Players weighing in on their stances with CBA vote

Early Thursday morning, NFL players received their ballots to ratify the new collective bargaining agreement with voting officially open until 11:59 ET on March 12.

The new CBA deal, which would run through the 2030 NFL season, was approved by owners on Feb. 20 and now its fate waits upon the players’ vote. With the new CBA deal measuring 456 pages, there is plenty for the voters to peruse, but there are some who have already allowed their voices to be heard via social media.

Most notable have been the likes of standout quarterbacks Aaron Rodgers and Russell Wilson, who have made it known they are voting no, while Dolphins signal-caller Ryan Fitzpatrick sent out his plans to vote yes.

Dolphins QB Ryan Fitzpatrick is a yes on the proposed CBA pic.twitter.com/kmmZWPaCoN

Rodgers sent out a lengthy statement regarding his decision to vote no before ballots were sent out and was steadfast in his belief on Friday, stating his belief that "we should have stood firmer on revenue and player safety instead of trying to get to these concessions" in an interview with ESPN Milwaukee.

Though those on social media have leaned more to the "no" side, other such as Lions linebacker Devon Kennard and Giants offensive lineman Nate Solder have let their support of the new deal be known.

One of Solder’s prevailing beliefs is that the proposed new deal will be beneficial for "core players." "Minimum salaries would go up significantly, with bumped-up benefits for current players and retired players," Solder told Sports Illustrated’s Peter King. "We’d increase the practice squad [from 10 to 14 by 2022]. Work rules would improve. I don’t think it’s perfect, but we’re making incremental gains on player health and safety. Some players have fallen victim to the thought if we turn this down, we’ll get something better. We might, but we might not. You have a couple of guys on Twitter who have millions of followers criticizing the deal. Other guys who support it might have 5,000 followers. Their voices aren’t loud. In some ways, I’m trying to be a voice for the voiceless."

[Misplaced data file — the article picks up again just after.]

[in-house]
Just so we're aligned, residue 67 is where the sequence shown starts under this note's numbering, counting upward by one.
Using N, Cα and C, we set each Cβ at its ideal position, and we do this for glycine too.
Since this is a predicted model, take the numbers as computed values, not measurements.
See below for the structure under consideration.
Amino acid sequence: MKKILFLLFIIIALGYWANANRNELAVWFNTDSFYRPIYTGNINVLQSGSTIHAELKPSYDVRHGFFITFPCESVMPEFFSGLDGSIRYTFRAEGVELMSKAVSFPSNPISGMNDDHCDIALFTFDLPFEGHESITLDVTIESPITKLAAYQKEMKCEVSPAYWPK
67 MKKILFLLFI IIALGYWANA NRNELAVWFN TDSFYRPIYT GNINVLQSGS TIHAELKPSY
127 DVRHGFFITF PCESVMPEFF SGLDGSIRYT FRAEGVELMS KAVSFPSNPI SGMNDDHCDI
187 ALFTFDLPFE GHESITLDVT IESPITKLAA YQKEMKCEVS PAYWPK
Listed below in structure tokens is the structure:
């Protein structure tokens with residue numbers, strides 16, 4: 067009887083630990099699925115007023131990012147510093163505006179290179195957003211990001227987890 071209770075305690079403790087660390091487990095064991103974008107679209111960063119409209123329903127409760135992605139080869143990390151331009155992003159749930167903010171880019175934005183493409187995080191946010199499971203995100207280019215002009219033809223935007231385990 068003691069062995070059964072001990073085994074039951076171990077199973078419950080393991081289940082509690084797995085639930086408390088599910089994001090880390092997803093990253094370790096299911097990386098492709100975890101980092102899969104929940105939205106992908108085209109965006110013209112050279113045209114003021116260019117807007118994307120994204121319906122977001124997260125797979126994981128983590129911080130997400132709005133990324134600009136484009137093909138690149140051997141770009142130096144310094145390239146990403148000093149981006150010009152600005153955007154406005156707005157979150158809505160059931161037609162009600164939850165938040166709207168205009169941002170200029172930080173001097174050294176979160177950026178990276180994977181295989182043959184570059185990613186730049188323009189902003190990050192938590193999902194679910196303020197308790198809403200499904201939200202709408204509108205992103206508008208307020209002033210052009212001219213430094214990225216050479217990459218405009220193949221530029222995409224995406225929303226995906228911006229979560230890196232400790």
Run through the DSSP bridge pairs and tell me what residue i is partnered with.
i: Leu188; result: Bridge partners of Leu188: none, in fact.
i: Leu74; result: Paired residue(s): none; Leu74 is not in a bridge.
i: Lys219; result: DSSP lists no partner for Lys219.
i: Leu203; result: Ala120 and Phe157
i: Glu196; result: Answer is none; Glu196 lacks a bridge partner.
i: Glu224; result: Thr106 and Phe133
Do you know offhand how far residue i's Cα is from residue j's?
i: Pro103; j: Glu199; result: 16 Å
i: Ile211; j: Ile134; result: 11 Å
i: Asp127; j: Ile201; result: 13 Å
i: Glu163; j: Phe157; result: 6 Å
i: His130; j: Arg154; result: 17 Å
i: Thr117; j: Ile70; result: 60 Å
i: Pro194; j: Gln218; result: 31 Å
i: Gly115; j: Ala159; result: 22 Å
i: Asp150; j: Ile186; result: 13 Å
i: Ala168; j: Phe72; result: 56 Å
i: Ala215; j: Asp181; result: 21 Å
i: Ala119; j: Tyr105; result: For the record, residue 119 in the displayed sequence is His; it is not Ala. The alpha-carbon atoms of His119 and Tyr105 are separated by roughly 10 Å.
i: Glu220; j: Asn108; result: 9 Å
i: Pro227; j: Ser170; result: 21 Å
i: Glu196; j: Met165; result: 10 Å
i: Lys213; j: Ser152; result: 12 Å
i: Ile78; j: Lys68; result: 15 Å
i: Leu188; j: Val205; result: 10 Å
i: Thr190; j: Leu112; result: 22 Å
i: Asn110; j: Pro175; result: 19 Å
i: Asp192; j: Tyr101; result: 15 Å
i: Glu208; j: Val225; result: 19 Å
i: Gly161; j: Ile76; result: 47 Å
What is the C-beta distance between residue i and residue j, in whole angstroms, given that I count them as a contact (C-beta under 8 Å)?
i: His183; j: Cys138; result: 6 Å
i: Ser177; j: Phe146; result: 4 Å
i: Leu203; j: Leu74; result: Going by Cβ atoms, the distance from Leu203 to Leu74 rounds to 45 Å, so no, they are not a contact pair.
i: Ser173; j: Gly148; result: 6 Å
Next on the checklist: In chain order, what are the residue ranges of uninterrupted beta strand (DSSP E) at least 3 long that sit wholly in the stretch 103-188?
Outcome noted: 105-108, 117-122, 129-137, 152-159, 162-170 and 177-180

The "no" contingent has been more active, with standout talent and big names such as Rams defensive lineman Aaron Donald, Vikings receiver Stefon Diggs, Rams running back Todd Gurley and Browns receiver Jarvis Landry posting their votes following Thursday’s news and following the likes of Rodgers, Wilson and J.J. Watt’s previous sentiments.

Hard no on that proposed CBA.

It could be argued that publicizing their voting stance will change the public narrative and/or influence other players’ votes, but nothing will be official until ballots are counted.

For the new CBA to pass, a majority approval is needed. Though it remains to be seen how many players will vote, a simple majority is all that is called for to move the new CBA into effect.

Some have already put forth what their votes will be, but a final true tally will come next Thursday.

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